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Max Corput

Atlanta's 1871 Union Station

DeGive Opera House building toward the end of its life, doing business as the Bijou Theater

Max Corput, also documented as Maximilien or Maxwell Van Den Corput (1825 in Belgium – January 16, 1911 in Atlanta), was the architect of the second Union Station of Atlanta, Georgia, built in 1871 in Second Empire style.[1]

"Van Den" (Dutch: "from the") is very common in Belgian surnames, and references to Corput regarding the Civil War often include it as part of his last name. However, later references including one in the Atlanta Constitution omit the "Van Den", suggesting that he later went simply by "Corput".[2]

Corput was Belgian American, one of a group of Belgians who emigrated to the Rome, Georgia, area after the incorporation of Belgium into the United Kingdom of the Netherlands, which caused dissatisfaction among the French-speaking Belgian elite.[3][4] The Cherokee Indians had recently been dispossessed of Northwest Georgia. Corput was said to hail from Cave Spring, Georgia.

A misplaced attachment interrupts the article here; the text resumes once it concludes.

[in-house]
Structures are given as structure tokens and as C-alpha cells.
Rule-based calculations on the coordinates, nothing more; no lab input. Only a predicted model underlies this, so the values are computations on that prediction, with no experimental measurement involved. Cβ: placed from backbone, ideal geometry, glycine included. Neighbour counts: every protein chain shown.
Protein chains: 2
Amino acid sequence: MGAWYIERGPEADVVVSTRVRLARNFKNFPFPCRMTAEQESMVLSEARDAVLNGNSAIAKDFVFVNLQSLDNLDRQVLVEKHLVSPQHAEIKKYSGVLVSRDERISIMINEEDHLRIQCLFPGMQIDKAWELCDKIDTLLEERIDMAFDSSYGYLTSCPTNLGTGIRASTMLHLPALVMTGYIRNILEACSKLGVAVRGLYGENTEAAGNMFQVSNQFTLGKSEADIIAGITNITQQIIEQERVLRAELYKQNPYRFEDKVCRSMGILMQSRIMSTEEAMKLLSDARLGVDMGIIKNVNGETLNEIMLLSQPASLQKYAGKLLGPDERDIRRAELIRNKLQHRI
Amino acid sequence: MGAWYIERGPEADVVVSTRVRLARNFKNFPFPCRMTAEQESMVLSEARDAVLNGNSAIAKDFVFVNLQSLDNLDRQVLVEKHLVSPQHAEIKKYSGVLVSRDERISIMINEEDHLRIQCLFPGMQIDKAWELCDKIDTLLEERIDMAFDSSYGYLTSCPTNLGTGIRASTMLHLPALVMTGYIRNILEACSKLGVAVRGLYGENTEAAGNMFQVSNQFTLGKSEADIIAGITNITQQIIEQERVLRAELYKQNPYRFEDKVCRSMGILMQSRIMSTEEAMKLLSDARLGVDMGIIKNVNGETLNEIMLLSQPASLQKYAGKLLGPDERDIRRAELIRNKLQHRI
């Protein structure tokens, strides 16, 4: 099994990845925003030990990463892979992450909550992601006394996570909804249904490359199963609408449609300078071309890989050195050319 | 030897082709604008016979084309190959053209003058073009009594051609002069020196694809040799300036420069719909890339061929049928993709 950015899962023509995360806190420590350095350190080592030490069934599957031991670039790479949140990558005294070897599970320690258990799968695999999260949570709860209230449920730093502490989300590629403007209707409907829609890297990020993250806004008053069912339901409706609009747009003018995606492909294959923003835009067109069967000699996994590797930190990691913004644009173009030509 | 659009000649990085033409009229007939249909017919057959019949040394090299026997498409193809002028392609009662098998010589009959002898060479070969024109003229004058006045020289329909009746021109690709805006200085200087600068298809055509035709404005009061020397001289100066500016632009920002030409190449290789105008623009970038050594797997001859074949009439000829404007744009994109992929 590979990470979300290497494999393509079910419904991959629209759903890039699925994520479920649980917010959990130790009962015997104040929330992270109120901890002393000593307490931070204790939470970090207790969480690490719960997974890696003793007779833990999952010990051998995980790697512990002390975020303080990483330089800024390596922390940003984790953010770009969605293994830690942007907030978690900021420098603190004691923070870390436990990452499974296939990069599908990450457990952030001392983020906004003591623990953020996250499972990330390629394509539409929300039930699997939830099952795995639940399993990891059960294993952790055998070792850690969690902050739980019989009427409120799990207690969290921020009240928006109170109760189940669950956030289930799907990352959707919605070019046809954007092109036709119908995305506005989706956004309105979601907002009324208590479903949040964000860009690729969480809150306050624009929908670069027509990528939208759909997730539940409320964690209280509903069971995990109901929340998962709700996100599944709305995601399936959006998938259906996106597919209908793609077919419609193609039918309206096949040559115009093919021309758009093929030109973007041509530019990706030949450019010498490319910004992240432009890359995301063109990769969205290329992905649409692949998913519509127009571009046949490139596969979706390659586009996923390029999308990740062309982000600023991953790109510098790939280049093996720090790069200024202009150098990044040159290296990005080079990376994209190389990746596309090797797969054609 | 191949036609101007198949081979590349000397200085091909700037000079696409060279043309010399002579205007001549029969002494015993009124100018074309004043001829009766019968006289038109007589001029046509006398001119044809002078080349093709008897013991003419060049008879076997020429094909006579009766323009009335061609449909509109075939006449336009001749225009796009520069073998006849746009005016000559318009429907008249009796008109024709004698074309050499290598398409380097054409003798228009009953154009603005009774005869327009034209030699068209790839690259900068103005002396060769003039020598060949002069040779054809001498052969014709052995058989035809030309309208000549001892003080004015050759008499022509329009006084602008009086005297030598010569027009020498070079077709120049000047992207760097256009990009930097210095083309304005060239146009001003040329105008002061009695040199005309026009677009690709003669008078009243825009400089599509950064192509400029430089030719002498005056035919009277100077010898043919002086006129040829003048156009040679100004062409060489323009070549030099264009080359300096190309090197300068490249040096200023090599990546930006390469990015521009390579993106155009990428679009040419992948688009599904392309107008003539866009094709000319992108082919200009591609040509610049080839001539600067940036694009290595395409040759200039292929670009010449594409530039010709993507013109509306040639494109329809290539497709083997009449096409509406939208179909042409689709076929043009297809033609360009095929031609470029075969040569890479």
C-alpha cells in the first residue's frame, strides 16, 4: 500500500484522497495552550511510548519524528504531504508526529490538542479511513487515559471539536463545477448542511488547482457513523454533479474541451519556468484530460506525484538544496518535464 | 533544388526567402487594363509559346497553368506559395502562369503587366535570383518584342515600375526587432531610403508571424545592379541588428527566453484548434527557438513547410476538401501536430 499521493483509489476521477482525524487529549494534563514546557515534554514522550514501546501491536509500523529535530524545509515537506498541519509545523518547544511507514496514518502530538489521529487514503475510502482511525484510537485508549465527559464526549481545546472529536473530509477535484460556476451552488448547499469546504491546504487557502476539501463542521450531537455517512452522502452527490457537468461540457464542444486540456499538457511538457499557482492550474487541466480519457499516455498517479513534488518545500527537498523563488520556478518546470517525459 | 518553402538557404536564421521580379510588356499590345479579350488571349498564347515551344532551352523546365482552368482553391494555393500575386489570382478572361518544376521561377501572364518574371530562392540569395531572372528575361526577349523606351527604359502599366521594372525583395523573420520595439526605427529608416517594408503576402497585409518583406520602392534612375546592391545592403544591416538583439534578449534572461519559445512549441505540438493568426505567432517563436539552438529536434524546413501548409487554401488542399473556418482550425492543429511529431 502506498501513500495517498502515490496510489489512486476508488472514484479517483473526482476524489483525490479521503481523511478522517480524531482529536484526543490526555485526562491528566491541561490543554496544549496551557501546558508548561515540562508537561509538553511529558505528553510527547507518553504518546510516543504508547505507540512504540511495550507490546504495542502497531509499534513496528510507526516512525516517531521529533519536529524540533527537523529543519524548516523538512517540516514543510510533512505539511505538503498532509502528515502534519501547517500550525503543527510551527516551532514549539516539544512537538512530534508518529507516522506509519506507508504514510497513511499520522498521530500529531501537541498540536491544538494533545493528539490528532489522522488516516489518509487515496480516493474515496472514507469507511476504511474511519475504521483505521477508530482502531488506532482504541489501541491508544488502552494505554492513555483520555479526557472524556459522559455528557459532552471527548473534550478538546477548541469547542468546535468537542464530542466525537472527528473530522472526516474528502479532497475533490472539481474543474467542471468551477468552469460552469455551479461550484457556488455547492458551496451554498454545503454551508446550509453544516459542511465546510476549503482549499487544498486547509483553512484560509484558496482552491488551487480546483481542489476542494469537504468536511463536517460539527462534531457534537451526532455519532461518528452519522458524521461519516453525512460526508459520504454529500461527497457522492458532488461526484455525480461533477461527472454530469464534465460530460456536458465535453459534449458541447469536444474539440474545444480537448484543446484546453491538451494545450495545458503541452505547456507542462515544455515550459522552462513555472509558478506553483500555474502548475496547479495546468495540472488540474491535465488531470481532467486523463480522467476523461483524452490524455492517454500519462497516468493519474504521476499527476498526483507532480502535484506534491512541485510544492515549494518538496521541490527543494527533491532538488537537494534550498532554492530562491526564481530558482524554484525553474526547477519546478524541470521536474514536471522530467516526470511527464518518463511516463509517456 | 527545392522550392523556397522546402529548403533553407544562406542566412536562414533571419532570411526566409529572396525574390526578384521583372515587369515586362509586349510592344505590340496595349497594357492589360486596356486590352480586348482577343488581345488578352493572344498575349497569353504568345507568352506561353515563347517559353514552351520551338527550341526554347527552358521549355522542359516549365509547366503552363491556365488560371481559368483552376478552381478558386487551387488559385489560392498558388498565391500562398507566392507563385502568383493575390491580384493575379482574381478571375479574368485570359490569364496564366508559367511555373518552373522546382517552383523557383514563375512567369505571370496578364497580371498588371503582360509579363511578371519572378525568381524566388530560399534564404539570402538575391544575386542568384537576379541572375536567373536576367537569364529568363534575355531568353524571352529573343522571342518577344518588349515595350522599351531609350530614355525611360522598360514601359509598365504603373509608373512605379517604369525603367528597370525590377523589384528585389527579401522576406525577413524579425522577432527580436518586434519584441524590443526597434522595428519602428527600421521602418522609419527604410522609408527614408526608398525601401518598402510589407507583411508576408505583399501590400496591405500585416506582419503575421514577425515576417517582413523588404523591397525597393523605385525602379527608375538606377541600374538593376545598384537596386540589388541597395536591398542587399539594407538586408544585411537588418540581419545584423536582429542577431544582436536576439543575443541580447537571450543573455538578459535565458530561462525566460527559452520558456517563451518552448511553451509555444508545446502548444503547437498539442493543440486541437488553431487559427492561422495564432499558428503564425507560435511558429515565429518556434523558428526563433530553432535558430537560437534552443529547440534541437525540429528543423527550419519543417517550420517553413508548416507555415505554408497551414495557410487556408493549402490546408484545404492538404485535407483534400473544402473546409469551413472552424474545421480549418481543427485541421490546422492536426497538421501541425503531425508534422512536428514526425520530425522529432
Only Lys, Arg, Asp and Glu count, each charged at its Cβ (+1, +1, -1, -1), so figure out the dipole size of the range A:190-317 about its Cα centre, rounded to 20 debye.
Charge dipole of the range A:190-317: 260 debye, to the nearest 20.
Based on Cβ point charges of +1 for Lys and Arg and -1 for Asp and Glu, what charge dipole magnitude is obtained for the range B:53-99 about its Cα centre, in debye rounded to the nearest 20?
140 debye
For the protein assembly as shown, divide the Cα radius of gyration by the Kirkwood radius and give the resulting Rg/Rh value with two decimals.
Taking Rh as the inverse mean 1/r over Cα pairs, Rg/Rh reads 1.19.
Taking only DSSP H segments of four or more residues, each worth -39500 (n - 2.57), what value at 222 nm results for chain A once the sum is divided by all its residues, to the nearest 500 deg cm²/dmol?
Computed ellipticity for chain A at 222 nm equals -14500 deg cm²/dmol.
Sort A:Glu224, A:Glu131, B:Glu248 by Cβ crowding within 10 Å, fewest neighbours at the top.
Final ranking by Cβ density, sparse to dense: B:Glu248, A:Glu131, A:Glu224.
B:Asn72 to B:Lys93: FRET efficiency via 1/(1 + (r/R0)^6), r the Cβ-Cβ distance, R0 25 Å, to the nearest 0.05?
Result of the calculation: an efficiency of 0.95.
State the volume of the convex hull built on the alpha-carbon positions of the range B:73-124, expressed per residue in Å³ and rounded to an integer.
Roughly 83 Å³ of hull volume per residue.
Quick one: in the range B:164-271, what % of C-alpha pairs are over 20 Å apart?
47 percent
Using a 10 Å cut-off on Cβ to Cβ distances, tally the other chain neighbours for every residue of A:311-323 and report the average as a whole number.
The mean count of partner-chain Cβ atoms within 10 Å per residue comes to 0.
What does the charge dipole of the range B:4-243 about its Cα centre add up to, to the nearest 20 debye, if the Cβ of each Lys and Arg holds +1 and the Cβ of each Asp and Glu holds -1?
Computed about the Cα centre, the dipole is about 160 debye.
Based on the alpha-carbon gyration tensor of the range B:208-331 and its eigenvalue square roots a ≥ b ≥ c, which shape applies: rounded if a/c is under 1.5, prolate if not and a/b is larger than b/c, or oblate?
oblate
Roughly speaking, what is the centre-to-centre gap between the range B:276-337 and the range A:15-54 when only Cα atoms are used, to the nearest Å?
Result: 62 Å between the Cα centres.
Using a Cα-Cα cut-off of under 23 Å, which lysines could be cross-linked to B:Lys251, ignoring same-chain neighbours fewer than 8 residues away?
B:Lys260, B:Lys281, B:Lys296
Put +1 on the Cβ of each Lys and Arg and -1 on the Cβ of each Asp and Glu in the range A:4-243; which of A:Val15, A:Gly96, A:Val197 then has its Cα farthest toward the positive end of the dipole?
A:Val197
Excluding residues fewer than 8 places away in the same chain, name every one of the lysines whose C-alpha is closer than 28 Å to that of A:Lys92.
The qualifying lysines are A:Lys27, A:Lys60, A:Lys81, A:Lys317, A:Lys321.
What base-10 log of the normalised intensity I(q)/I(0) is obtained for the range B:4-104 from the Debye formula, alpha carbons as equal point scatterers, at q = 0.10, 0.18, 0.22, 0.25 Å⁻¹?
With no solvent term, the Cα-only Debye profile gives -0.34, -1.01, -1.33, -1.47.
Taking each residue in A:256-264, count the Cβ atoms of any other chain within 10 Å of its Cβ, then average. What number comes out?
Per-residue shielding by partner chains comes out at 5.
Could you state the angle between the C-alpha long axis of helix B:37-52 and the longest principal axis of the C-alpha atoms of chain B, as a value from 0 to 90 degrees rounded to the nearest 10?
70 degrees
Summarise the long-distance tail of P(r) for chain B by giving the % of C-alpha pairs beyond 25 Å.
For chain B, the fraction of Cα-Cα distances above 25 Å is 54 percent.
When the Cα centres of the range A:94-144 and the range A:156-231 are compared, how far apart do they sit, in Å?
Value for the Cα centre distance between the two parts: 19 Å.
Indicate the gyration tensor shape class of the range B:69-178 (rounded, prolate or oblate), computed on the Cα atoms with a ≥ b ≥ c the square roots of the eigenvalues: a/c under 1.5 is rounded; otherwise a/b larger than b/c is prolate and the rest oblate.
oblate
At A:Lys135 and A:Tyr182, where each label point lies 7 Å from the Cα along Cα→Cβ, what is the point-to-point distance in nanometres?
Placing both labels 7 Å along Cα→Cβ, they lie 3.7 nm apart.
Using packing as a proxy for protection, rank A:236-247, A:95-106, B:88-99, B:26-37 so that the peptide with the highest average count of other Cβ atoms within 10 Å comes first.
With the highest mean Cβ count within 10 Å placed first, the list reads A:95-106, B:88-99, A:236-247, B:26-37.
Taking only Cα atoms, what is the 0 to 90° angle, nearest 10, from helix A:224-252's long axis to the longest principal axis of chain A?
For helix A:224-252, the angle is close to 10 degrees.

During the Civil War, Corput was attested as a third lieutenant (1861)[5] then captain (1864) in the Confederate Army. He led the Floyd County four-gun Cherokee Artillery battery at the Battle of Resaca.[6][7][8]

After the war Corput settled in Atlanta and founded the architectural firm of Van Den Corput and Fay. He had previously been involved in the firm Corput and Bass, where he had begun his career as an engineer, but became known for his architectural designs.[9]

Corput died on January 16, 1911, in Atlanta and was buried there in Oakland Cemetery.[9][10] He was survived by his wife Marie, who was 24 years younger and died in 1920.[11]

Buildings designed[]

  • Georgia Railroad Freight Depot (1869), oldest building in Downtown Atlanta
  • DeGive's Opera House (1870–1921)
  • Atlanta's second Union Station (1871–1930)
  • Second Clayton County courthouse in Jonesboro, Georgia, replacing the one destroyed in the Civil War.[12]


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